As we begin to roll out blended benchmarks in our performance reporting, our clients will be able to make a true “apples to apples” (or fruit salad to fruit salad) comparison with a single number for their portfolios and a single number for the benchmark. Once again, minor variances are to be expected, especially in the short term, but the value of the blended benchmark is that it accurately reflects the objective and characteristics of our clients’ portfolios.

“I’m Never Eating Shrimp Again”

This past week while traveling, my son and I stopped for dinner. We ordered shrimp, and as he bit into the first shrimp, he suddenly felt a pain in the side of his cheek. Somehow he had developed a small sore in his mouth which was very painful as he ate; however, he attributed the sore to the shrimp. As a result, he said he will never ever eat shrimp again due to that experience.

This may seem like a childish response, but it accurately reflects a behavioral tendency called “recency bias,” and investors frequently respond this way. They tend to extrapolate their most recent experiences into the future and assume this is what they can expect going forward. The most extreme example of this is investors who lost 20% or more of their portfolios following the financial crisis in 2008. For many, this experience was so traumatic that they took all their money out of investment markets and went to cash. Some remain in cash more than six years later because they are afraid of losing that much money again.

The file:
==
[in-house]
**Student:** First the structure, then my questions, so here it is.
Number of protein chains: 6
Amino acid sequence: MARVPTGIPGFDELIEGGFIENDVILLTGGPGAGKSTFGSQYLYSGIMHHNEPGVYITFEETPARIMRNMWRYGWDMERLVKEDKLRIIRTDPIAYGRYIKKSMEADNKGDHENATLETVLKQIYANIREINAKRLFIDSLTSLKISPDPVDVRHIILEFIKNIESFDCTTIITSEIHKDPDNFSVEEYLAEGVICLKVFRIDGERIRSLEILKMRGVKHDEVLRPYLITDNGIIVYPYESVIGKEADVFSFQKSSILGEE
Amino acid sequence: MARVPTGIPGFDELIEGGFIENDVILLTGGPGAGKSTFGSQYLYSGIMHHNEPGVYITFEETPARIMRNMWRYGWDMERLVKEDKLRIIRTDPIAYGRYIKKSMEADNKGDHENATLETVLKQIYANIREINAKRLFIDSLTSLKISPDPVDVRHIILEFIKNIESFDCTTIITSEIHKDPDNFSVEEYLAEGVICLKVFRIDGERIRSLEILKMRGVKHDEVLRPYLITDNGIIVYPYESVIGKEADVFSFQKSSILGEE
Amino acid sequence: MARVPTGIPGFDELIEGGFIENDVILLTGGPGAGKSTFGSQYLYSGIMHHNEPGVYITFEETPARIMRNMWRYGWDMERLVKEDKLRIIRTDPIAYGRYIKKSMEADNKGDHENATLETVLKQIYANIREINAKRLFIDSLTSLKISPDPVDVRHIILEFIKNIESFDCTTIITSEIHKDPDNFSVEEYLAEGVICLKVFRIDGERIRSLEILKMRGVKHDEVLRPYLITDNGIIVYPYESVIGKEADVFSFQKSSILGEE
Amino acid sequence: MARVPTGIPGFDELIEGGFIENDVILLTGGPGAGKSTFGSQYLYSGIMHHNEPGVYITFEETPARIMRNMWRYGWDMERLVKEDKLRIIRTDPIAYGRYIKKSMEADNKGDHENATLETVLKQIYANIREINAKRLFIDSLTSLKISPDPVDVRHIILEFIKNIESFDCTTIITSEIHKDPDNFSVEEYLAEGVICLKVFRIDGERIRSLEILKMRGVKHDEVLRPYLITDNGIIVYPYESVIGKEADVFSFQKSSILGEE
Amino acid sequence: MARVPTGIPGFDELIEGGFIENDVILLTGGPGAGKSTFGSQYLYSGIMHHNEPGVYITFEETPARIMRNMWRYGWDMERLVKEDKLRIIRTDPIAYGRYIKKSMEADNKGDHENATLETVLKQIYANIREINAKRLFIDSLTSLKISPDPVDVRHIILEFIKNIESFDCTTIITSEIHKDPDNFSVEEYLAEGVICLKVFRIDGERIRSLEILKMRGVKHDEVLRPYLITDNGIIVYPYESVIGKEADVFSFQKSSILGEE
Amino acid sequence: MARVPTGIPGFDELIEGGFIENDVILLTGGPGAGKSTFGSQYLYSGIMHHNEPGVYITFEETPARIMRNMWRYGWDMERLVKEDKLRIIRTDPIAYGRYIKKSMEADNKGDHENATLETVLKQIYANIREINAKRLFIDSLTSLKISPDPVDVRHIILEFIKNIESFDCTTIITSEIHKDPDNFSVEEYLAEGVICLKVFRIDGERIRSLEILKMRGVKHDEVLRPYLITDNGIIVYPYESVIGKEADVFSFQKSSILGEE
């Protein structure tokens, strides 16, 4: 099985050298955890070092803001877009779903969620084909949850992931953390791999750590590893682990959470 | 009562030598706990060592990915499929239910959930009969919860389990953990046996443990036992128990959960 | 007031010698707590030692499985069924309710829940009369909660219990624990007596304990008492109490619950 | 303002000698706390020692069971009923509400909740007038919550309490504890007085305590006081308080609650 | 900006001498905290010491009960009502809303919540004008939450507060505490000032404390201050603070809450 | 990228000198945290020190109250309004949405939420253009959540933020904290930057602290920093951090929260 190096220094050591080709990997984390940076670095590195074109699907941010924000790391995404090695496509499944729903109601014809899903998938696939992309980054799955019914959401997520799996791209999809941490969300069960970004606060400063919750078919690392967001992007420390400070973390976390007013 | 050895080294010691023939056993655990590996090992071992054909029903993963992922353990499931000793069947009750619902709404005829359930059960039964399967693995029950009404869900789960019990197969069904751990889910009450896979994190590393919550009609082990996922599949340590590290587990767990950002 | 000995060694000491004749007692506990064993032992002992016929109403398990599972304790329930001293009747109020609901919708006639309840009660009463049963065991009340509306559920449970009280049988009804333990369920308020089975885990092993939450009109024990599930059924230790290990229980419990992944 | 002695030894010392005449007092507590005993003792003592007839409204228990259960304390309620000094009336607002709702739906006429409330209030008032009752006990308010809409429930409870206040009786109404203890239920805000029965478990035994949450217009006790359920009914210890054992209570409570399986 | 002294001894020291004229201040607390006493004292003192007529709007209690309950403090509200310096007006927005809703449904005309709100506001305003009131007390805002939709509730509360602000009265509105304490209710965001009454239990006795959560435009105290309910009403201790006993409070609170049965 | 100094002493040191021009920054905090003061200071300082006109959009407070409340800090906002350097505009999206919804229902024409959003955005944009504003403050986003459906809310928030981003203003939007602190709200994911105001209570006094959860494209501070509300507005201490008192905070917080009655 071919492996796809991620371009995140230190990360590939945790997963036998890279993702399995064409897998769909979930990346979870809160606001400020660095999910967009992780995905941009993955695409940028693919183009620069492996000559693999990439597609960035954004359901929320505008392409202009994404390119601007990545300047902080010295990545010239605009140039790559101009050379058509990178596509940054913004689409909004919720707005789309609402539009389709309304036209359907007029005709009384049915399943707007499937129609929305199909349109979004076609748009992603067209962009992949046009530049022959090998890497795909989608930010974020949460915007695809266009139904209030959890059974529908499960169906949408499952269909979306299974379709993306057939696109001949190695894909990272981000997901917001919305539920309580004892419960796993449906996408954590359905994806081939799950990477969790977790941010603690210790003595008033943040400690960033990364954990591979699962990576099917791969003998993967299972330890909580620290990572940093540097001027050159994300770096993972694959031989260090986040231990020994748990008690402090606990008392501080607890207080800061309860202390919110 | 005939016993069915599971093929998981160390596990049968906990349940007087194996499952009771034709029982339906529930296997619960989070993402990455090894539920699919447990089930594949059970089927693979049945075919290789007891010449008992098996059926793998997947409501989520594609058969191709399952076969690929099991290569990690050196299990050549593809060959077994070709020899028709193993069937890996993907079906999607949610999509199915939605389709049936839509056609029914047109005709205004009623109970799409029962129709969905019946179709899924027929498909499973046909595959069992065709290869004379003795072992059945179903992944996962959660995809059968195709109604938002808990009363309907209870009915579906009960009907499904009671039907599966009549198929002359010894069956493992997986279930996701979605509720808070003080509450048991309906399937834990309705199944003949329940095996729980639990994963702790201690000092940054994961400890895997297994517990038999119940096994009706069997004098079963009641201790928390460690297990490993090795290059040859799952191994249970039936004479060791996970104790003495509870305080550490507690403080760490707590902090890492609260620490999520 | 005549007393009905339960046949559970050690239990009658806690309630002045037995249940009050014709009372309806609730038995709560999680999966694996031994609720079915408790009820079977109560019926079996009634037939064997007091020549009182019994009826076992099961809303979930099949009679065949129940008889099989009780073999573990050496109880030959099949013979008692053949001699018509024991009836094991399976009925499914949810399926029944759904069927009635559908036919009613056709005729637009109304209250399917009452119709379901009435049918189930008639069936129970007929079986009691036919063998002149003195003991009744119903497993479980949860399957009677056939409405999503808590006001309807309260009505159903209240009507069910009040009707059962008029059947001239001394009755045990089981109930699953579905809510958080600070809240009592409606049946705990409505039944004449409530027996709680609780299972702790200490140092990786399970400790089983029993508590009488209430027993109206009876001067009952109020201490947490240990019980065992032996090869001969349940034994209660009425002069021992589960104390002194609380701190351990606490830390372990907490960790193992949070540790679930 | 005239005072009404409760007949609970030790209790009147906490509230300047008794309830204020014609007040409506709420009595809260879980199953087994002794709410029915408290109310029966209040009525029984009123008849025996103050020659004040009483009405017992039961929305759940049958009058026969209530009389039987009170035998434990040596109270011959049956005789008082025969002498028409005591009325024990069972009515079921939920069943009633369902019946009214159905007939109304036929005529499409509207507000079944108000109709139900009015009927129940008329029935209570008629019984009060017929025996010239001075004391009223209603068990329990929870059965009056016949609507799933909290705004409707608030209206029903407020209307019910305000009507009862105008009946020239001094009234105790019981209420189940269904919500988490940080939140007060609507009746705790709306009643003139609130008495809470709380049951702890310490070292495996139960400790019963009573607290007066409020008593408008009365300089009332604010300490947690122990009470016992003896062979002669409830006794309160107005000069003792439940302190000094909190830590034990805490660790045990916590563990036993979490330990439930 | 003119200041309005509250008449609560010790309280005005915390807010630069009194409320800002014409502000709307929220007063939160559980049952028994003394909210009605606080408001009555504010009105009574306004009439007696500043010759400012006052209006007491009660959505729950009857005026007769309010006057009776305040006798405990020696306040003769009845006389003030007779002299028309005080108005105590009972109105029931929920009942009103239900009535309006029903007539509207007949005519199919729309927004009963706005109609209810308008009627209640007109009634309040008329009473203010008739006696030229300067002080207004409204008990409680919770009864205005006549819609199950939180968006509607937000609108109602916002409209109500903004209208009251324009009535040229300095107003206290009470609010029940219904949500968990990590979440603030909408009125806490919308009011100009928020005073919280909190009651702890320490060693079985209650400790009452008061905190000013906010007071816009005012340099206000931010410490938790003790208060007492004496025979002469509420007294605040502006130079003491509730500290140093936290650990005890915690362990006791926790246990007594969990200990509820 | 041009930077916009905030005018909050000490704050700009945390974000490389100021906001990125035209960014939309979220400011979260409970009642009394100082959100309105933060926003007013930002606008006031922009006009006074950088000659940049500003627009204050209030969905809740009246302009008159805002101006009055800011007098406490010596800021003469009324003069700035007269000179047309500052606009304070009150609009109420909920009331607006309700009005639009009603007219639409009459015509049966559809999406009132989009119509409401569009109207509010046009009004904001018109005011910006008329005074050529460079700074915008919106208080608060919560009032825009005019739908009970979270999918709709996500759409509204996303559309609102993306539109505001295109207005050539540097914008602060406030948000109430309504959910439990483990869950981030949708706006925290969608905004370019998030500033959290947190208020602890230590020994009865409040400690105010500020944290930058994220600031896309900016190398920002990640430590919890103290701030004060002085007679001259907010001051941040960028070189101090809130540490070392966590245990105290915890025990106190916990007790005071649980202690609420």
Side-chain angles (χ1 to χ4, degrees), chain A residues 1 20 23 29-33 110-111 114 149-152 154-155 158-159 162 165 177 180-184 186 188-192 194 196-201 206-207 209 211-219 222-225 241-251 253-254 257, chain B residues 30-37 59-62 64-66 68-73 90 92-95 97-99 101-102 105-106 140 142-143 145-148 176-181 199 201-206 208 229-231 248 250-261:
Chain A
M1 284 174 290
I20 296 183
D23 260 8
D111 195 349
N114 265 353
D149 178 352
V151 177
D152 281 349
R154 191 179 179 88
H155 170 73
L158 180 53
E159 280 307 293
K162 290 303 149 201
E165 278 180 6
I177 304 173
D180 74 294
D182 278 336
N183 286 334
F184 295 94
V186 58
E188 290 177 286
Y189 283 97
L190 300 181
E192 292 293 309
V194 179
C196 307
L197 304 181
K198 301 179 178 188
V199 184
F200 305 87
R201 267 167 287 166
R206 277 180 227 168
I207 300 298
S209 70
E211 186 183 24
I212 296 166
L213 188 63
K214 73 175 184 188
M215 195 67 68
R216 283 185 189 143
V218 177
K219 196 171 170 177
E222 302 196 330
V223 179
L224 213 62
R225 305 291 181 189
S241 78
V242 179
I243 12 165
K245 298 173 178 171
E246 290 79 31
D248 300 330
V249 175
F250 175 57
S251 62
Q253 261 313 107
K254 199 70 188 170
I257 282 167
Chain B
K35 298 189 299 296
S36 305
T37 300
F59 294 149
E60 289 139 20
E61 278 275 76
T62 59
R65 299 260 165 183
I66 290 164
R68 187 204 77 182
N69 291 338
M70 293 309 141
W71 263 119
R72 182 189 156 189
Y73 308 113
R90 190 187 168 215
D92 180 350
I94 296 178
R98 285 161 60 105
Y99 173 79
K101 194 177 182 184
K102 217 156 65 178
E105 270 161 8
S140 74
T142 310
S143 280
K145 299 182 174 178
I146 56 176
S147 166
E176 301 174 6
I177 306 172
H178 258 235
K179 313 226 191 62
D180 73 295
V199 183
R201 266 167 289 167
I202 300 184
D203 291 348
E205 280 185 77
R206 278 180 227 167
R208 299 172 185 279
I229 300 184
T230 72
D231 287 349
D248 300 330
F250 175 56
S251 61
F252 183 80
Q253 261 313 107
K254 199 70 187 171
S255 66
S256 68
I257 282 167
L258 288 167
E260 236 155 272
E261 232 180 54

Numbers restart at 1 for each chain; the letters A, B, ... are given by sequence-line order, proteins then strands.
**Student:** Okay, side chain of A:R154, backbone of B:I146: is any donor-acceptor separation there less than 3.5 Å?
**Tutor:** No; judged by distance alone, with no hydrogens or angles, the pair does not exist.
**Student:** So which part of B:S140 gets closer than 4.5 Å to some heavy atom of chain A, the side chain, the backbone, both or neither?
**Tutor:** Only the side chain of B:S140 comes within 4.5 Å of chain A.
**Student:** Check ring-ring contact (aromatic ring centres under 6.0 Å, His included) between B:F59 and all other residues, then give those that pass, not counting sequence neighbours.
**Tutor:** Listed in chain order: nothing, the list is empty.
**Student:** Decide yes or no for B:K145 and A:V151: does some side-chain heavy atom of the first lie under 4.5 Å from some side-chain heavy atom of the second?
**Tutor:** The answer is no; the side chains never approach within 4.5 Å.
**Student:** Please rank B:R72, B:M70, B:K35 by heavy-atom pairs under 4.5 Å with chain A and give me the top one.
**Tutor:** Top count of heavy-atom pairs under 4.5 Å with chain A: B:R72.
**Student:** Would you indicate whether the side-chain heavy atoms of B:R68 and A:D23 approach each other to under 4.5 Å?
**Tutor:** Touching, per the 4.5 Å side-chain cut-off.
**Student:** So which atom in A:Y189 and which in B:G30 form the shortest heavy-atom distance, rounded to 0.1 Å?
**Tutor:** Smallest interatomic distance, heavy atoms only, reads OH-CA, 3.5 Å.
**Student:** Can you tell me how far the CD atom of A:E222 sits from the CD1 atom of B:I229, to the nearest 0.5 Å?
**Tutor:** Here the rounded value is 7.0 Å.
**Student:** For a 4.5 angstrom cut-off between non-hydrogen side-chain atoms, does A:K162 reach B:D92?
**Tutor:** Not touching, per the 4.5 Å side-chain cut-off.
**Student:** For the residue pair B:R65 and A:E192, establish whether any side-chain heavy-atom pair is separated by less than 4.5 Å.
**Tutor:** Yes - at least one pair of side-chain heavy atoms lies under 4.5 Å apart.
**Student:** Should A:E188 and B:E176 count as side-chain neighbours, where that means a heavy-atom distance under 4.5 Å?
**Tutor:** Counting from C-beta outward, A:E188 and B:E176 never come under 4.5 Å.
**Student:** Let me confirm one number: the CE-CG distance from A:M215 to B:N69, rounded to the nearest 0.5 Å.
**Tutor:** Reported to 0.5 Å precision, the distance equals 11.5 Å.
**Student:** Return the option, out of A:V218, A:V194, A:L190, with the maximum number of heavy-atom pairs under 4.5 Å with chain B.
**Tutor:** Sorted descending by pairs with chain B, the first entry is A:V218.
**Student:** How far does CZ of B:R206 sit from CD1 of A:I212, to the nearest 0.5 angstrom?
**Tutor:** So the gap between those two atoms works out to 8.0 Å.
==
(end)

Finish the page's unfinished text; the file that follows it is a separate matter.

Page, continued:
Most recently, diversified portfolio returns of 2-4% in 2014 and 1-2% through the first half of 2015 have some investors concerned that this is the expectation of future returns until the end of time. While we cannot predict the future, markets and to a lesser extent diversified portfolios do not travel in a straight line, nor do they maintain a constant speed. In 2014, diversified portfolios were up 6-7% through the first half of the year, only to finish the year at half that level. While returns through the first half of 2015 have been low, we may see that change in the second half of the year and be surprised with year-end results.

More importantly, investors need to remember that they are due a return for the risk they are taking. For stocks, this is called the equity risk premium, and it has been paid to investors for more than 100 years. It is typically 4-6% above the risk-free rate of return, or the return on short-term government bonds. The return on stocks also has an inflation component and a growth component. We have been talking to clients over the past several quarters about adjusting return expectations due to the low inflation and low growth environment we have been experiencing, but investors will continue to be compensated for the risks that exist. Once again, the compensation for these factors may come in fits and starts, but they have consistently been realized since the inception of investing in all asset classes.

One would never compare apples to oranges, nor would one allow the last shrimp eaten to represent all shrimp of the future. As investors, we must be conscious of our biases and we should evaluate our portfolios appropriately, against accurate benchmarks, and over longer periods of time. Not doing so can lead to “return envy” and poor decision making, which is a much greater risk to long-term success than any performance number over a 3-, 6-, 9-, or even 12-month period.

As always, we welcome your questions and comments, and we appreciate the opportunity to serve you.


To download a PDF version of this commentary please click here.

Written By

Mark Feldman

Nathan Erickson